Linking Housing Trajectories and the Transition to Adulthood Among Canadian Young Adults

Thursday, 19 July 2018: 10:45
Oral Presentation
Meryn SEVERSON, University of Alberta, Canada
Michelle MAROTO, University of Alberta, Canada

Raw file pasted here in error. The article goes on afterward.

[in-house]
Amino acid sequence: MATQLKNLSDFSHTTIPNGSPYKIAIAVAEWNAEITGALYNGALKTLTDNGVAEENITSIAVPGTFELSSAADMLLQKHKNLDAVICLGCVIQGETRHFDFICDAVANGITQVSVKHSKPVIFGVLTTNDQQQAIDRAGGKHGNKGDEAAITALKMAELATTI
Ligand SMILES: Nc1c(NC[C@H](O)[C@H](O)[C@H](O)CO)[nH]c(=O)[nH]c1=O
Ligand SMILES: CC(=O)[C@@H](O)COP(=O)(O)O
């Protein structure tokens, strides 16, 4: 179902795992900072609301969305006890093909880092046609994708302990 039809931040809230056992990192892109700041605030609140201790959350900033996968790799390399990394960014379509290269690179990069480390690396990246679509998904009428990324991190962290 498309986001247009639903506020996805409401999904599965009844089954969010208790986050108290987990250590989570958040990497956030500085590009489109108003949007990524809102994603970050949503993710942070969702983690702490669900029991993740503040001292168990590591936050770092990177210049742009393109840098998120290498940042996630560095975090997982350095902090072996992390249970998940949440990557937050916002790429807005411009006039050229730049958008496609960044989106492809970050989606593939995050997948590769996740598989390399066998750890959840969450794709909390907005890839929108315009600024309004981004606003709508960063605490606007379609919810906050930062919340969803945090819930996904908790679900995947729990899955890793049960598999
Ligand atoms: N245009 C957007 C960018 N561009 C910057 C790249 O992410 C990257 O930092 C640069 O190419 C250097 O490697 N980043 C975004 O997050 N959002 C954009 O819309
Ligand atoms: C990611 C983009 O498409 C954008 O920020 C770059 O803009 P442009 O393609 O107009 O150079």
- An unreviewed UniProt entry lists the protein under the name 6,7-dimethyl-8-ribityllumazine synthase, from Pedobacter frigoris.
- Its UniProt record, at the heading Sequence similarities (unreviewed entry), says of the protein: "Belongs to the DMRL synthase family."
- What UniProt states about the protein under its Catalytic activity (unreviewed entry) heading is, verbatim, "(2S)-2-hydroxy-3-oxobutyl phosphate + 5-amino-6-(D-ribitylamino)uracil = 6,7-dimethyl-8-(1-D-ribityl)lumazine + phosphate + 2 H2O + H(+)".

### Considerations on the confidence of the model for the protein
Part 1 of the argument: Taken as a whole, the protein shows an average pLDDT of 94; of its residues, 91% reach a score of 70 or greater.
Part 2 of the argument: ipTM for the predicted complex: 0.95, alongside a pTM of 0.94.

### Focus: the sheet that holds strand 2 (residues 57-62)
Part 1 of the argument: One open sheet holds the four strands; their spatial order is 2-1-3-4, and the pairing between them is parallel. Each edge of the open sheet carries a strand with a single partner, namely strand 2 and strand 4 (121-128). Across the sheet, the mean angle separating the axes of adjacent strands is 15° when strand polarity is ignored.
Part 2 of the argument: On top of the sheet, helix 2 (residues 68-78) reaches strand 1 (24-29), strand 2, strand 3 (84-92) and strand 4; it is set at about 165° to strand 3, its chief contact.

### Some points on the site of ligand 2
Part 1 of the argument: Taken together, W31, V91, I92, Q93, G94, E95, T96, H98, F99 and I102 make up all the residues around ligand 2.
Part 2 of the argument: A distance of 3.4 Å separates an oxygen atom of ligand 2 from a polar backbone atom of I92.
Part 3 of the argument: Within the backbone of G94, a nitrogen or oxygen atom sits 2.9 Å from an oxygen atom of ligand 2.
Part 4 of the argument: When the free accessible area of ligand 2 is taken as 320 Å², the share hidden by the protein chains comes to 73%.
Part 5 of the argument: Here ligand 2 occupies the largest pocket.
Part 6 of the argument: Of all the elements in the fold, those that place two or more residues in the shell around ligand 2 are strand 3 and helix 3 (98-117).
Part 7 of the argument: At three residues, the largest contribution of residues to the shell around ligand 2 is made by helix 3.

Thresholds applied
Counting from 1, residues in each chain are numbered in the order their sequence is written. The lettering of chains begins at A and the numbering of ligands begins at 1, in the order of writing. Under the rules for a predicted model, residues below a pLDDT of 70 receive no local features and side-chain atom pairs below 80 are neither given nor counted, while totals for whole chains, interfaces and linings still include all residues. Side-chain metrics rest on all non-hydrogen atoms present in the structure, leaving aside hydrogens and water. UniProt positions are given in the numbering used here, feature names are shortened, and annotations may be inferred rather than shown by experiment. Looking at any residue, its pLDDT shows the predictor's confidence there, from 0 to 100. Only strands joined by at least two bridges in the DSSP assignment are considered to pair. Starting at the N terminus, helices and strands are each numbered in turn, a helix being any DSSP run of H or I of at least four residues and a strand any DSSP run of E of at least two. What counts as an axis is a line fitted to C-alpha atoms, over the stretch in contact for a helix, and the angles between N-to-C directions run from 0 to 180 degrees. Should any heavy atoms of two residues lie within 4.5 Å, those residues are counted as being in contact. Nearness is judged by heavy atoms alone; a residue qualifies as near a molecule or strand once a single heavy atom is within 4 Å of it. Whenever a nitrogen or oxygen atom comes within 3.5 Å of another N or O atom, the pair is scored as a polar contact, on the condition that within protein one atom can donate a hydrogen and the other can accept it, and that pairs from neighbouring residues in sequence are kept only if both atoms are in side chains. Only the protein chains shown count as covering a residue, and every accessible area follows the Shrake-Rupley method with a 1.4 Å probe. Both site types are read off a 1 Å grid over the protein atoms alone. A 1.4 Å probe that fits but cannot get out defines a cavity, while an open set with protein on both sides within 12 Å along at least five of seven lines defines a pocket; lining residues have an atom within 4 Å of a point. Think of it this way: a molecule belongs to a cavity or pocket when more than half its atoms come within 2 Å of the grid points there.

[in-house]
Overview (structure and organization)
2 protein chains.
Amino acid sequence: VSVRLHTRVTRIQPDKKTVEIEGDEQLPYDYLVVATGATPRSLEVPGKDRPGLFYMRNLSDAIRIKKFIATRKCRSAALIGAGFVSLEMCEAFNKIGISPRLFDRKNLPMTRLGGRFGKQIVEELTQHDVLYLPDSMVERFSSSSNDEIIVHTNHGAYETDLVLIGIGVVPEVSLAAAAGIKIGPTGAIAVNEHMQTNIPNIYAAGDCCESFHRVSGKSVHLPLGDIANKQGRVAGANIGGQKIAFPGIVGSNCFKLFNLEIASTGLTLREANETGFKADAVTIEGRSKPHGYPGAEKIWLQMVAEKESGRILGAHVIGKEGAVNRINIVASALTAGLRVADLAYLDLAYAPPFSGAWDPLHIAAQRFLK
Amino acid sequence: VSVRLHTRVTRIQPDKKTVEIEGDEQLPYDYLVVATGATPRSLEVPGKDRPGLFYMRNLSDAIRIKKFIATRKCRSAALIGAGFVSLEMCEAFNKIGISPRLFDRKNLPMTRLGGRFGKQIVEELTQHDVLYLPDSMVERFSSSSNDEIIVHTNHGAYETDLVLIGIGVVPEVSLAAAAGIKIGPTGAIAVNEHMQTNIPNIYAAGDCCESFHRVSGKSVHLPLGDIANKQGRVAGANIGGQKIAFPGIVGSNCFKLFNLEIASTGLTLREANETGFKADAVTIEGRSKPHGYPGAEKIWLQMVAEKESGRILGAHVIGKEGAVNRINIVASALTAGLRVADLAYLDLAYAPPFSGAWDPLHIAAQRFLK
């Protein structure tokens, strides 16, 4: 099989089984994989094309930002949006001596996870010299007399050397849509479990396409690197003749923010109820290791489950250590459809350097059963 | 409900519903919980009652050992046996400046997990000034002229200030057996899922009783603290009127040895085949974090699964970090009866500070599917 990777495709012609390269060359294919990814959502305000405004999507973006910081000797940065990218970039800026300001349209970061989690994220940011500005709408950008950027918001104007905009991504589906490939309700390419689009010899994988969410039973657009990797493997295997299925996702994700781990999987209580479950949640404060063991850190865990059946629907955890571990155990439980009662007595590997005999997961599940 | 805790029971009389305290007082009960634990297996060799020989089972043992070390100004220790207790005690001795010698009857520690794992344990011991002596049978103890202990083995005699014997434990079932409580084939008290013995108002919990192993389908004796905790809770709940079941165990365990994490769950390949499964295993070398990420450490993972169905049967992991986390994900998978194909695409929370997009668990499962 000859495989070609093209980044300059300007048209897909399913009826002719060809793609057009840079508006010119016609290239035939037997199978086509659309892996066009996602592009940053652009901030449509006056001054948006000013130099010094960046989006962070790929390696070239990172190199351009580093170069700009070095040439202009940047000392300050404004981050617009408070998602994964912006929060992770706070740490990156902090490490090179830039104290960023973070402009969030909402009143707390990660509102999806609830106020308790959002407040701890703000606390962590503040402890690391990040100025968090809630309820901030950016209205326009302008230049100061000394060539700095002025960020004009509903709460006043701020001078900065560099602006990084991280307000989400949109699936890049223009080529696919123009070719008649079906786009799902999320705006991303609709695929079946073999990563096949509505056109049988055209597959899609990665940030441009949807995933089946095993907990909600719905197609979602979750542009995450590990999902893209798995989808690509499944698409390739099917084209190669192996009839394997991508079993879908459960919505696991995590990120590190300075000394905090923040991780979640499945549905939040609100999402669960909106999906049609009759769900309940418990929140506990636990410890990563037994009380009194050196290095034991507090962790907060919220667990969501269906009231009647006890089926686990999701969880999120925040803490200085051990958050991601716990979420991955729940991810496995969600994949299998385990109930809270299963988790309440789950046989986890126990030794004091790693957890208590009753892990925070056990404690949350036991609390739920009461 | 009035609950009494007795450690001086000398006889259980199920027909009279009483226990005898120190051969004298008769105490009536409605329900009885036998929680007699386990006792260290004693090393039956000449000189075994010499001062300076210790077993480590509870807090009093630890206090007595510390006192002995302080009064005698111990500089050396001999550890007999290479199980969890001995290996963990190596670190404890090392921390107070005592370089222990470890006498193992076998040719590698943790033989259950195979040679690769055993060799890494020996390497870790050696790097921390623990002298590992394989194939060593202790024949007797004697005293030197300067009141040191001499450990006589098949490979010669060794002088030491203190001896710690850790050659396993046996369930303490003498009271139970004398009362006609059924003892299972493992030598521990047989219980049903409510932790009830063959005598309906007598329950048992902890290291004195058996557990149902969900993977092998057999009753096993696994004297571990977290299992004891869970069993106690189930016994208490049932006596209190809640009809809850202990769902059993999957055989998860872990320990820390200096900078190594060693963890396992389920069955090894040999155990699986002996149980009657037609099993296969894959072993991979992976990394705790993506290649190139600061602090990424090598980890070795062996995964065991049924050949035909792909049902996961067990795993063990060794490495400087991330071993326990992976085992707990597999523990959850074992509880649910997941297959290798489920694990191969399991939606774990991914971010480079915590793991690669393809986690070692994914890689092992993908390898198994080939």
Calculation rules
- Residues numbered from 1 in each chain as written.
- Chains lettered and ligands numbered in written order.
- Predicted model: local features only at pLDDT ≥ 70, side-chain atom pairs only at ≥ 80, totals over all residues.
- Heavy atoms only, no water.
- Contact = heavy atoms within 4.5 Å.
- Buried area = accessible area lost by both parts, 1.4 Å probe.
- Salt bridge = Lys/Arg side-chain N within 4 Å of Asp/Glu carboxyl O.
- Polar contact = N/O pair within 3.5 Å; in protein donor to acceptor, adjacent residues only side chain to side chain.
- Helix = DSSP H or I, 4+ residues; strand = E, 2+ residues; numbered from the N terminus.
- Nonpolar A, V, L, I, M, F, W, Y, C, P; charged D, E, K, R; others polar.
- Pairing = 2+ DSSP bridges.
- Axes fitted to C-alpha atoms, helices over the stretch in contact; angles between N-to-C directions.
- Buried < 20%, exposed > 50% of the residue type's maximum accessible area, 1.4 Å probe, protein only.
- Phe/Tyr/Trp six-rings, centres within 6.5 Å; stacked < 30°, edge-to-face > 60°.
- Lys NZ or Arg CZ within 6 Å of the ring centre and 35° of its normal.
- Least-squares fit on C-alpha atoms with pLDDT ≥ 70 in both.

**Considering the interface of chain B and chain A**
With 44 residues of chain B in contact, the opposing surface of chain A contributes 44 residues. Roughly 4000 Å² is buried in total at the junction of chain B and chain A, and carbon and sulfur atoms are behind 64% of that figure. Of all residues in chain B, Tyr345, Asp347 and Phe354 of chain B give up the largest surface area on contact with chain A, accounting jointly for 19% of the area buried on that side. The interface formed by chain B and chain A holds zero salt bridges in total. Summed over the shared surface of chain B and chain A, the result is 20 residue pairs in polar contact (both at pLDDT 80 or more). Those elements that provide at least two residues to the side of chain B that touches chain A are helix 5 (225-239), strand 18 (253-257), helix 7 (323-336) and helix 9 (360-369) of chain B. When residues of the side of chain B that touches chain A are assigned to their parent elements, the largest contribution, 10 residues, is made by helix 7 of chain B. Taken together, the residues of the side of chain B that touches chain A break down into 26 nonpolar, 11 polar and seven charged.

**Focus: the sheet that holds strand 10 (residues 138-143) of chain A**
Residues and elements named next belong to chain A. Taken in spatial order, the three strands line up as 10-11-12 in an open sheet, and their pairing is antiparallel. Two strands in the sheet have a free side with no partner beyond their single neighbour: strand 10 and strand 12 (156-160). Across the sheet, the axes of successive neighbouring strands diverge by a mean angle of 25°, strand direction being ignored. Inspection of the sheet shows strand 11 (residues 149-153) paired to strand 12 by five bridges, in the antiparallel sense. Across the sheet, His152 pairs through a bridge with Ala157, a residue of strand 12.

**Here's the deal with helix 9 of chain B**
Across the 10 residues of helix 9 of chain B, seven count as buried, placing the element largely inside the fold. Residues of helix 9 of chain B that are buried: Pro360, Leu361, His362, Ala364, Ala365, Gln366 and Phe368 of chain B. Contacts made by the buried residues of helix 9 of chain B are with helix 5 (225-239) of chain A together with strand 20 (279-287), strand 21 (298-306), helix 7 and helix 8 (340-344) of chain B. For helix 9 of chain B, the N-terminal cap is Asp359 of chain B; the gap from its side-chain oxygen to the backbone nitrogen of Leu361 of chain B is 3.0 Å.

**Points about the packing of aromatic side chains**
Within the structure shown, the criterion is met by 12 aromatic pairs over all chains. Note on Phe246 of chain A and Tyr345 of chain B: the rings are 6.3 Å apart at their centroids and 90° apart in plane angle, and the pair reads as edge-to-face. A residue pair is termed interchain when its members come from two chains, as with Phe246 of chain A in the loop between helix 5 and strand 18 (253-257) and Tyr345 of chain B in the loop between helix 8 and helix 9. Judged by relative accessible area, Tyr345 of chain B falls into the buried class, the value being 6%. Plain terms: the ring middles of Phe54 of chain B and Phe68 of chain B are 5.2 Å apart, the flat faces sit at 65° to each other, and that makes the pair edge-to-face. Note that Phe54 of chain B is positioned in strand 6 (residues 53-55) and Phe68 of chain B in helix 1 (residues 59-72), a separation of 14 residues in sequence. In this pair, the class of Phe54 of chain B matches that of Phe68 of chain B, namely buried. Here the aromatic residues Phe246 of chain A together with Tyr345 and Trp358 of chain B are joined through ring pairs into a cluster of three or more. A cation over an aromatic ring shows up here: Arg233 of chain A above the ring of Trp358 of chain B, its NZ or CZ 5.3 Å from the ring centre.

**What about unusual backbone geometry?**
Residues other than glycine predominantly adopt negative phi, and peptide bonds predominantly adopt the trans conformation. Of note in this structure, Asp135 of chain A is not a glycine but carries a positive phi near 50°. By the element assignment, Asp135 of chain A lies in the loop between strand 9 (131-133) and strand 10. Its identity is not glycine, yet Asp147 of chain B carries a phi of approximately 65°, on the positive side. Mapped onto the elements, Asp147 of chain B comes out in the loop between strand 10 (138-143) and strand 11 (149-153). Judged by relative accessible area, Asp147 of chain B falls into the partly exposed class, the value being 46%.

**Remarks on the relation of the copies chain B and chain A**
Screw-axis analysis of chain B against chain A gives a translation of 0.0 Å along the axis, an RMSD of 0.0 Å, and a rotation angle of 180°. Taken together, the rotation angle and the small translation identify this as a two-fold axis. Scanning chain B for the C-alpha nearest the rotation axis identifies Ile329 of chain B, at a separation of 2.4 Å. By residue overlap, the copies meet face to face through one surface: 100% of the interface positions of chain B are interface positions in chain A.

Housing is the largest source of wealth for Canadian families, and homeownership is a major milestone in the housing trajectories of individuals, particularly for young adults. Although recognized as an important step in the life course, few studies integrate housing trajectories with the transition to adulthood. In this paper, we seek to rectify the lack of housing demography research in Canada with a study of transitions out of the parental home and into homeownership among 18-35 year olds in Canada. We analyze three waves of the Canadian General Social Survey (GSS), from 2001, 2006, and 2011. We first use these data to describe the living situations of young adults in Canada over a decade, focusing on homeownership. We then use logistic regression models to predict the likelihood of leaving the parental home and of homeownership. The findings show that although the proportion of young adults leaving the parental home has decreased since 2001, homeownership among young adults has actually increased across all three waves and all regions. We find that leaving the parental home and homeownership are intimately tied to other adult transitions in education, employment, relationships, and parenthood, as well as family background and the socioeconomic context surrounding young adults at the time. Our results also suggest there is growing socioeconomic and demographic distinction between young adults who are able to move out of their parental home and into homeownership and those who remain in the parental home, with important repercussions on lifetime wealth inequalities. As the first Canadian study to explore young adults' housing trajectories and the transition to adulthood since 2007, this research provides important understanding of the connections between housing and other life course transitions within a rapidly changing housing market.